Sears, Roebuck and Co., Appellant, v. Goldie Haymer, Doing Business Under the Trade Name and Trade Style of Goldie Haymer Manufacturing Company, Appellee, 263 F.2d 348 (C.C.P.A. 1959)

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U.S. Court of Customs and Patent Appeals (1909-1982) - 263 F.2d 348 (C.C.P.A. 1959) February 5, 1959

Frank H. Marks, Chicago, Ill. (Ivan P. Tashof, New York City, of counsel), for appellant.

Daniel H. Bobis, Harrison, N. J. (Albert W. Rinehart, Washington, D. C., of counsel), for appellee.

Before WORLEY, Acting Chief Judge, and RICH, MARTIN, and JOHNSON (retired), JJ.

WORLEY, Acting Chief Judge.

This is an appeal from the decision of the Commissioner of Patents, acting through the Assistant Commissioner, affirming the decision of the Examiner of Interferences dismissing an opposition by appellant to an application of appellee for registration of "Glo-Ray" as a trademark for hairdressing containing lanolin as an ingredient. The opposition was based on appellant's ownership and use of "Glow" as a trademark for shampoos.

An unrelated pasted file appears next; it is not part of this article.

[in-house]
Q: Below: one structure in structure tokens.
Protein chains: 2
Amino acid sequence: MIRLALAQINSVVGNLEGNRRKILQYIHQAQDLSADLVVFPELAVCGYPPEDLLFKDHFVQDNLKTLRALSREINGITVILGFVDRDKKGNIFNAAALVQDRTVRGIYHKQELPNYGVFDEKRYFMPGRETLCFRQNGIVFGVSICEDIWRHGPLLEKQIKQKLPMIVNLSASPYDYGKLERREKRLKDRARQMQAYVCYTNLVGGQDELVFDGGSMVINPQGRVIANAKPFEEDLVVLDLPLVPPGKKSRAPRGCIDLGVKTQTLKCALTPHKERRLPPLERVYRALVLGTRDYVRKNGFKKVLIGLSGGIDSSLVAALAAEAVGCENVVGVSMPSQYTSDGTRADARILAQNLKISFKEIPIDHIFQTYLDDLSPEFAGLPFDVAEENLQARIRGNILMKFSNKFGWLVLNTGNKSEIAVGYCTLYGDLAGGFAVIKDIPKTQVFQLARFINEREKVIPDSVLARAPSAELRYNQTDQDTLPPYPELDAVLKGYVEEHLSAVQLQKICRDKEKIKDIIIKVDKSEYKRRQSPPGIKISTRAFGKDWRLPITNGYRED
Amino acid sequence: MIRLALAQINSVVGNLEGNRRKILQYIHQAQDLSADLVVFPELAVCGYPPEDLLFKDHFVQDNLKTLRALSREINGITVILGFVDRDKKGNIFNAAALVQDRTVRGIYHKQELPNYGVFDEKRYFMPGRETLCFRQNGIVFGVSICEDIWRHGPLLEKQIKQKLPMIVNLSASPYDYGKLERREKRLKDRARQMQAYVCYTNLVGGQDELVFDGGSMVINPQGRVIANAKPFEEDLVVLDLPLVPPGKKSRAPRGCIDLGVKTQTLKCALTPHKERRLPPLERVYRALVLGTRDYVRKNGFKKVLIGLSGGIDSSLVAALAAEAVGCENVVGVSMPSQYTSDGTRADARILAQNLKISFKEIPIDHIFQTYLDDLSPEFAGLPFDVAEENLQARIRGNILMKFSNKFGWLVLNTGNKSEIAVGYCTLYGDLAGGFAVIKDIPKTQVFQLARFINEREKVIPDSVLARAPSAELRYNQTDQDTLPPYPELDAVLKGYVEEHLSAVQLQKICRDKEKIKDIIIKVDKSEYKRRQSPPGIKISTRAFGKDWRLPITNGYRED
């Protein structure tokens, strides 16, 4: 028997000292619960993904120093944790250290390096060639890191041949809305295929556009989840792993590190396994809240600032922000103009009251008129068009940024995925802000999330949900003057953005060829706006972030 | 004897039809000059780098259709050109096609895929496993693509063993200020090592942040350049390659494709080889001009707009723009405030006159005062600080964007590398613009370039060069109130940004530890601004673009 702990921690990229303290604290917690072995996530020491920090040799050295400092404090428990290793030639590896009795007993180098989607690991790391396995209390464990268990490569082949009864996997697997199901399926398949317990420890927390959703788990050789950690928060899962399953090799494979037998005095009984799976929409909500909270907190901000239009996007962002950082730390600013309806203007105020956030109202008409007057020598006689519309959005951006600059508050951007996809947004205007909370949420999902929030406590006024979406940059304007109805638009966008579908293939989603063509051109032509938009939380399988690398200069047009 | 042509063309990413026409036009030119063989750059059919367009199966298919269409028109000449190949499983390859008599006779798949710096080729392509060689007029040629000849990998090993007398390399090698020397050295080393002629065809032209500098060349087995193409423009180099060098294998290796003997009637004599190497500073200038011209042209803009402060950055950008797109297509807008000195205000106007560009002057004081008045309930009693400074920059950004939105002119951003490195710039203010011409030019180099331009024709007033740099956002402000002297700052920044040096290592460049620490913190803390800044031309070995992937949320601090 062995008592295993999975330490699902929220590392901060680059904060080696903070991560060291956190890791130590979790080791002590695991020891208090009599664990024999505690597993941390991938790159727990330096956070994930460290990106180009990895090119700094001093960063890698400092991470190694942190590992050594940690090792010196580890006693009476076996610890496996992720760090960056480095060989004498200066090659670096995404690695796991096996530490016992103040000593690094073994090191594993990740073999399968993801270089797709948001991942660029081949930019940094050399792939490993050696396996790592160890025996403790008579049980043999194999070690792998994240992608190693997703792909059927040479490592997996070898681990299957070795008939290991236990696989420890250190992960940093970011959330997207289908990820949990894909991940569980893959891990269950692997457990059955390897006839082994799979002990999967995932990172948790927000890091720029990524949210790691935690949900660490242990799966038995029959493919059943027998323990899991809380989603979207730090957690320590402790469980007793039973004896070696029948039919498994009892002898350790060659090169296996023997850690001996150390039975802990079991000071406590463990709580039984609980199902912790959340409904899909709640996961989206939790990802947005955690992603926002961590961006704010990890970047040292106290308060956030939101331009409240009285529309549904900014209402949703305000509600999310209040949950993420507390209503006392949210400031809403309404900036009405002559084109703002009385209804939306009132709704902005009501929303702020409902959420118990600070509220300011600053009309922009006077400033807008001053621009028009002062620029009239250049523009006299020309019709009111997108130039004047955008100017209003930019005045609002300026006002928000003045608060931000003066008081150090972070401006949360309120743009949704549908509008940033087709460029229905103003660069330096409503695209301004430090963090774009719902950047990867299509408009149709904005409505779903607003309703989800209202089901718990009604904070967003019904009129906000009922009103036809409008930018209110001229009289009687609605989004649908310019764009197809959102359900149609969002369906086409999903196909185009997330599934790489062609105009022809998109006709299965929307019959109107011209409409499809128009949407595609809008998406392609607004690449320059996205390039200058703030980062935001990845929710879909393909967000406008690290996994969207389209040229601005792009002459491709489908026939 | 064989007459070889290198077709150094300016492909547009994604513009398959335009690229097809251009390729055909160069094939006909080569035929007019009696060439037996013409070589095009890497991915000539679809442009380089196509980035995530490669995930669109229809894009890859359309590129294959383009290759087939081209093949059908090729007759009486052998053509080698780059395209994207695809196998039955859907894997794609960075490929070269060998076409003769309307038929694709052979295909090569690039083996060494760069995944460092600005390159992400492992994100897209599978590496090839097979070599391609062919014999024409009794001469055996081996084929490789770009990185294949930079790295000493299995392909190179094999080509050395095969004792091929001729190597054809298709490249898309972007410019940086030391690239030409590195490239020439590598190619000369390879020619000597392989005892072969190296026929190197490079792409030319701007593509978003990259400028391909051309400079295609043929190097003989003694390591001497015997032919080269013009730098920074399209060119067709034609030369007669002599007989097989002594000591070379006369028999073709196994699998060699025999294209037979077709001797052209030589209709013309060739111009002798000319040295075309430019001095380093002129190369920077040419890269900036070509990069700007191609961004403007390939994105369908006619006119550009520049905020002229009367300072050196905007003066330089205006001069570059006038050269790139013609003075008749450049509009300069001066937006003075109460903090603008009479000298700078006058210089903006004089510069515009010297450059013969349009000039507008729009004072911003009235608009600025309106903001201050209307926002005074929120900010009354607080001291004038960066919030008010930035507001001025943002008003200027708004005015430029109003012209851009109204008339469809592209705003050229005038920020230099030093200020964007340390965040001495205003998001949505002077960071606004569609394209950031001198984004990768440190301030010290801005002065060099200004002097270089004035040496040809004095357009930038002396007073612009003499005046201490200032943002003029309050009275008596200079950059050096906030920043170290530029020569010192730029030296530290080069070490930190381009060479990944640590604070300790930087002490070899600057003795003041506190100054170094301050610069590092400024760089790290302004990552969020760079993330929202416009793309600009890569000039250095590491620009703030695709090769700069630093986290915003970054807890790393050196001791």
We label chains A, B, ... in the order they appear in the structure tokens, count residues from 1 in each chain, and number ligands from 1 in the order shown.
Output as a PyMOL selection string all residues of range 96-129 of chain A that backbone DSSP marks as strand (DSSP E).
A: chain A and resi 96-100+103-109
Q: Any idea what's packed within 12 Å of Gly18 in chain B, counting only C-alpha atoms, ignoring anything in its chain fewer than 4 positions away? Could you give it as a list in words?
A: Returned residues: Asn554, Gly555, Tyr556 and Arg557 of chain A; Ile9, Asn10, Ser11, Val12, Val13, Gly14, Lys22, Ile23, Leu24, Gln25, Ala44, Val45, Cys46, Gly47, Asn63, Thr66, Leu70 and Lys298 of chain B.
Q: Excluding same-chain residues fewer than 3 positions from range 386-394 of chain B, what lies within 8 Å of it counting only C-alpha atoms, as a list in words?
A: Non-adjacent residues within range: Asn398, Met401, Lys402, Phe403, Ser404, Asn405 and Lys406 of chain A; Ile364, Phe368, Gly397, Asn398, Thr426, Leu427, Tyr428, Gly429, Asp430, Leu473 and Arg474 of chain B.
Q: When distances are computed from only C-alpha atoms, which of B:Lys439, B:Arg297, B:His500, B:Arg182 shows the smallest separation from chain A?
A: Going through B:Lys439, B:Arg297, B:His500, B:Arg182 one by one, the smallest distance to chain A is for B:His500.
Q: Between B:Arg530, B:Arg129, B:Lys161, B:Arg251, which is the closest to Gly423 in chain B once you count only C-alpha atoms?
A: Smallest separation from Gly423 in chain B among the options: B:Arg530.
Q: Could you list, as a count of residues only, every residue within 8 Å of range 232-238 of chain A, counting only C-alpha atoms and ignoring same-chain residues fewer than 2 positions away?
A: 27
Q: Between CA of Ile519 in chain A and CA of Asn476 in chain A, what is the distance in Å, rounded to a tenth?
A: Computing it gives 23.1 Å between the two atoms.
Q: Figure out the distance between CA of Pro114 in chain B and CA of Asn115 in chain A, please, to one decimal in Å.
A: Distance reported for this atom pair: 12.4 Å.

The case was submitted on stipulated evidence which shows that appellant began use of its mark in 1938. Appellee's use of "Glo-Ray" began in 1953, thus there is no question of priority. The sole issue is whether "Glow" as applied to shampoo is confusingly similar to "Glo-Ray" as applied to hairdressing.

Both the examiner and the Assistant Commissioner found that the differences between the marks were sufficient to avoid any likelihood of confusion when used on the goods of the respective parties.

Appellant contends that the syllable "Glo" is merely a phonetic spelling of "Glow." However, while the hyphenation of appellee's mark sets "Glo" apart and probably gives a suggestion of glowing, we agree with the Assistant Commissioner that the primary impression created by the mark as a whole is that of glory, or a shining ray.

Moreover, the word "Glow" as associated with preparations designed to be applied to the hair does not appear to be arbitrary, but rather suggests that a desirable result will be obtained when used. Under such circumstances words of that nature are given less weight than more arbitrary words in determining confusion similarity, and the registrant can hardly expect the same protection accorded a stronger mark. Lauritzen & Co., Inc. v. Borden Co., 44 C.C.P.A. 720, 239 F.2d 405, and cases there cited.

We have given full consideration to the contentions advanced by appellant but we do not see such a similarity in sound, appearance, or meaning of the marks as to result in any likelihood of confusion in the minds of the purchasing public.

The decision appealed from is affirmed.